Arrive on time at that location so they can take your fingerprints, photograph, and signature (attesting your documentation is true). ASC will take steps to confirm your identity, running background and security checks. Some written instructions will be provided in other languages. Bring someone with you to translate if you do not understand spoken English.
Your Naturalization Interview & Test
You will receive a Naturalization Interview notice after completing the preliminary processes above. Bring your appointment notice to the USCIS office at the listed time and date.
Expect to be asked about the details of your application and your background. You will take an English test consisting of speaking, reading, and writing sections and an oral Civics test on American government and history if you are not exempted. The Civics test requires correct answers on at least 12 of 20 questions from a pool of 128 potential questions.
Receiving Your N-400 Decision & Completing Your Naturalization
The notice of the decision from USCIS will be mailed to you, and if you filed online, you would also be able to access the notice electronically. The three responses you may receive are Granted, Continued, or Denied.
A Granted response indicates that USCIS may approve your N-400 if the evidence in your record shows you are eligible for naturalization. In contrast, Continued means your application may be continued with additional evidence, additional or proper documentation, or by passing the English and/or Civics test.
Problems That Can Prevent You From Becoming a U.S. Citizen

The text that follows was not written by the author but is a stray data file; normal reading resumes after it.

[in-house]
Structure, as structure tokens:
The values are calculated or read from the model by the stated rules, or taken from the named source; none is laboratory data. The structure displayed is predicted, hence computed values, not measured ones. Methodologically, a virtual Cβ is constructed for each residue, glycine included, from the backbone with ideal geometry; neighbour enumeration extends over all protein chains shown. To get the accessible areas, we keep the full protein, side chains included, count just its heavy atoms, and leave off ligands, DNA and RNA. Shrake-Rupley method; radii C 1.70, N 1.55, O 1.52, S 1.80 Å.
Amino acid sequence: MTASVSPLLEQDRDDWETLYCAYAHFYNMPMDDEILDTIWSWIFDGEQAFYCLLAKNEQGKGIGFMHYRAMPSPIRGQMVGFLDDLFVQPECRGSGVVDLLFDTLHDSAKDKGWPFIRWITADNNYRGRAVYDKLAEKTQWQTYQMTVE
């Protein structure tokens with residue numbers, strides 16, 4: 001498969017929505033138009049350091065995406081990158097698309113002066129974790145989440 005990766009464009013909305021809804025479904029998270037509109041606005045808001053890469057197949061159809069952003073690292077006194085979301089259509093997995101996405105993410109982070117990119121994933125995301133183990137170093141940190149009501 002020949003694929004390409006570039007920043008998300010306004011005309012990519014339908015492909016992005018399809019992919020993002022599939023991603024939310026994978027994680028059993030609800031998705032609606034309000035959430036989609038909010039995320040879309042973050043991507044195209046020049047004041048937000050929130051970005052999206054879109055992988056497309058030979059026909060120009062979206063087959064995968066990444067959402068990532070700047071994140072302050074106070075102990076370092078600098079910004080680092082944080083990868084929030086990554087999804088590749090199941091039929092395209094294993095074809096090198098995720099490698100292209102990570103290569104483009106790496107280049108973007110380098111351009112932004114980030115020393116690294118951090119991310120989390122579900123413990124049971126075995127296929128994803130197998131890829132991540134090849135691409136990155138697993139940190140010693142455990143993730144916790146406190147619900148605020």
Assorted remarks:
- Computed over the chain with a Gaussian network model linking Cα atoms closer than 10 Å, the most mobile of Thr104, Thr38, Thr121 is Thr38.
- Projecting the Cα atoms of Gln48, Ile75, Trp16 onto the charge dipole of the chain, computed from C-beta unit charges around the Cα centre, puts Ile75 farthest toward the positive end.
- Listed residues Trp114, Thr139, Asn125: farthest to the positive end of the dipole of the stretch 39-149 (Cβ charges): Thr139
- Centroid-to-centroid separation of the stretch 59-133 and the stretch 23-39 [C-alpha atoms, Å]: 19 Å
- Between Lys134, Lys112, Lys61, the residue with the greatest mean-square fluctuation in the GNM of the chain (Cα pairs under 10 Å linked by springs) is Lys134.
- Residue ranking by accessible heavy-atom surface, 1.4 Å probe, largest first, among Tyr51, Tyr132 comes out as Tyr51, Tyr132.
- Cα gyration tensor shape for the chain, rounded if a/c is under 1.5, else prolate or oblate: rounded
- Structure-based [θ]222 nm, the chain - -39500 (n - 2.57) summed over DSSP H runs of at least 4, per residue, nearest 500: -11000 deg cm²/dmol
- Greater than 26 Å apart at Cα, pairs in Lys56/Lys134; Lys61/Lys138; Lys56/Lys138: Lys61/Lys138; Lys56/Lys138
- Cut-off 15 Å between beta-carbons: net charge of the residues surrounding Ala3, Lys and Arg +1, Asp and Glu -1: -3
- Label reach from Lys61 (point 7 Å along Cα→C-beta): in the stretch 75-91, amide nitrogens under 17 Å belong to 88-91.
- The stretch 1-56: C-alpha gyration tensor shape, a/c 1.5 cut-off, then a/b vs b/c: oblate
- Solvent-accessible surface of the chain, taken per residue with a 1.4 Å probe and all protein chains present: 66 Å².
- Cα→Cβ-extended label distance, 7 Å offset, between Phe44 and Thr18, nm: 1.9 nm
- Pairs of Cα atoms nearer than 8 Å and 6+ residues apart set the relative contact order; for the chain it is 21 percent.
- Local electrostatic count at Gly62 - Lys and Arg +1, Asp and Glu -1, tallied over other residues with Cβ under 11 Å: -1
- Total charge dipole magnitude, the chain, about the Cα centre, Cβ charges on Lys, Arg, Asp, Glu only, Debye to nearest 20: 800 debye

You should be aware that there may be issues with taxes, child support, the Selective Service, or Good Moral Character (GMC) that could prevent you from becoming a U.S. citizen. You should work with an experienced immigration lawyer before beginning this lengthy process. A simple error can delay or prevent your naturalization.
Strategize Your Naturalization Plans with an Immigration & Citizenship Lawyer Who Immigrated to the U.S. from Cuba
An experienced immigration lawyer is prepared to identify important factors affecting your ability to gain citizenship efficiently and pursue your personal and family goals in the United States. We want to discuss your objectives.
At The Santos Law Offices, PA, we guide you through the Naturalization process, managing the complete and correct filing of your documentation to ensure you avoid any missteps that could hinder you from becoming a U.S. Citizen. Our clients are like family. Call us today at (305) 417-4111 to schedule a free consultation so we can discuss your unique situation and begin a plan for your naturalization—Hablamos español.
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The information in this blog post (“post”) is provided for general informational purposes only and may not reflect the current law in your jurisdiction. No information in this post should be construed as legal advice from the individual author or the law firm, nor is it intended to be a substitute for legal counsel on any subject matter. No reader of this post should act or refrain from acting based on any information included in or accessible through this post without seeking the appropriate legal or other professional advice on the particular facts and circumstances at issue from a lawyer licensed in the recipient’s state, country, or other appropriate licensing jurisdiction.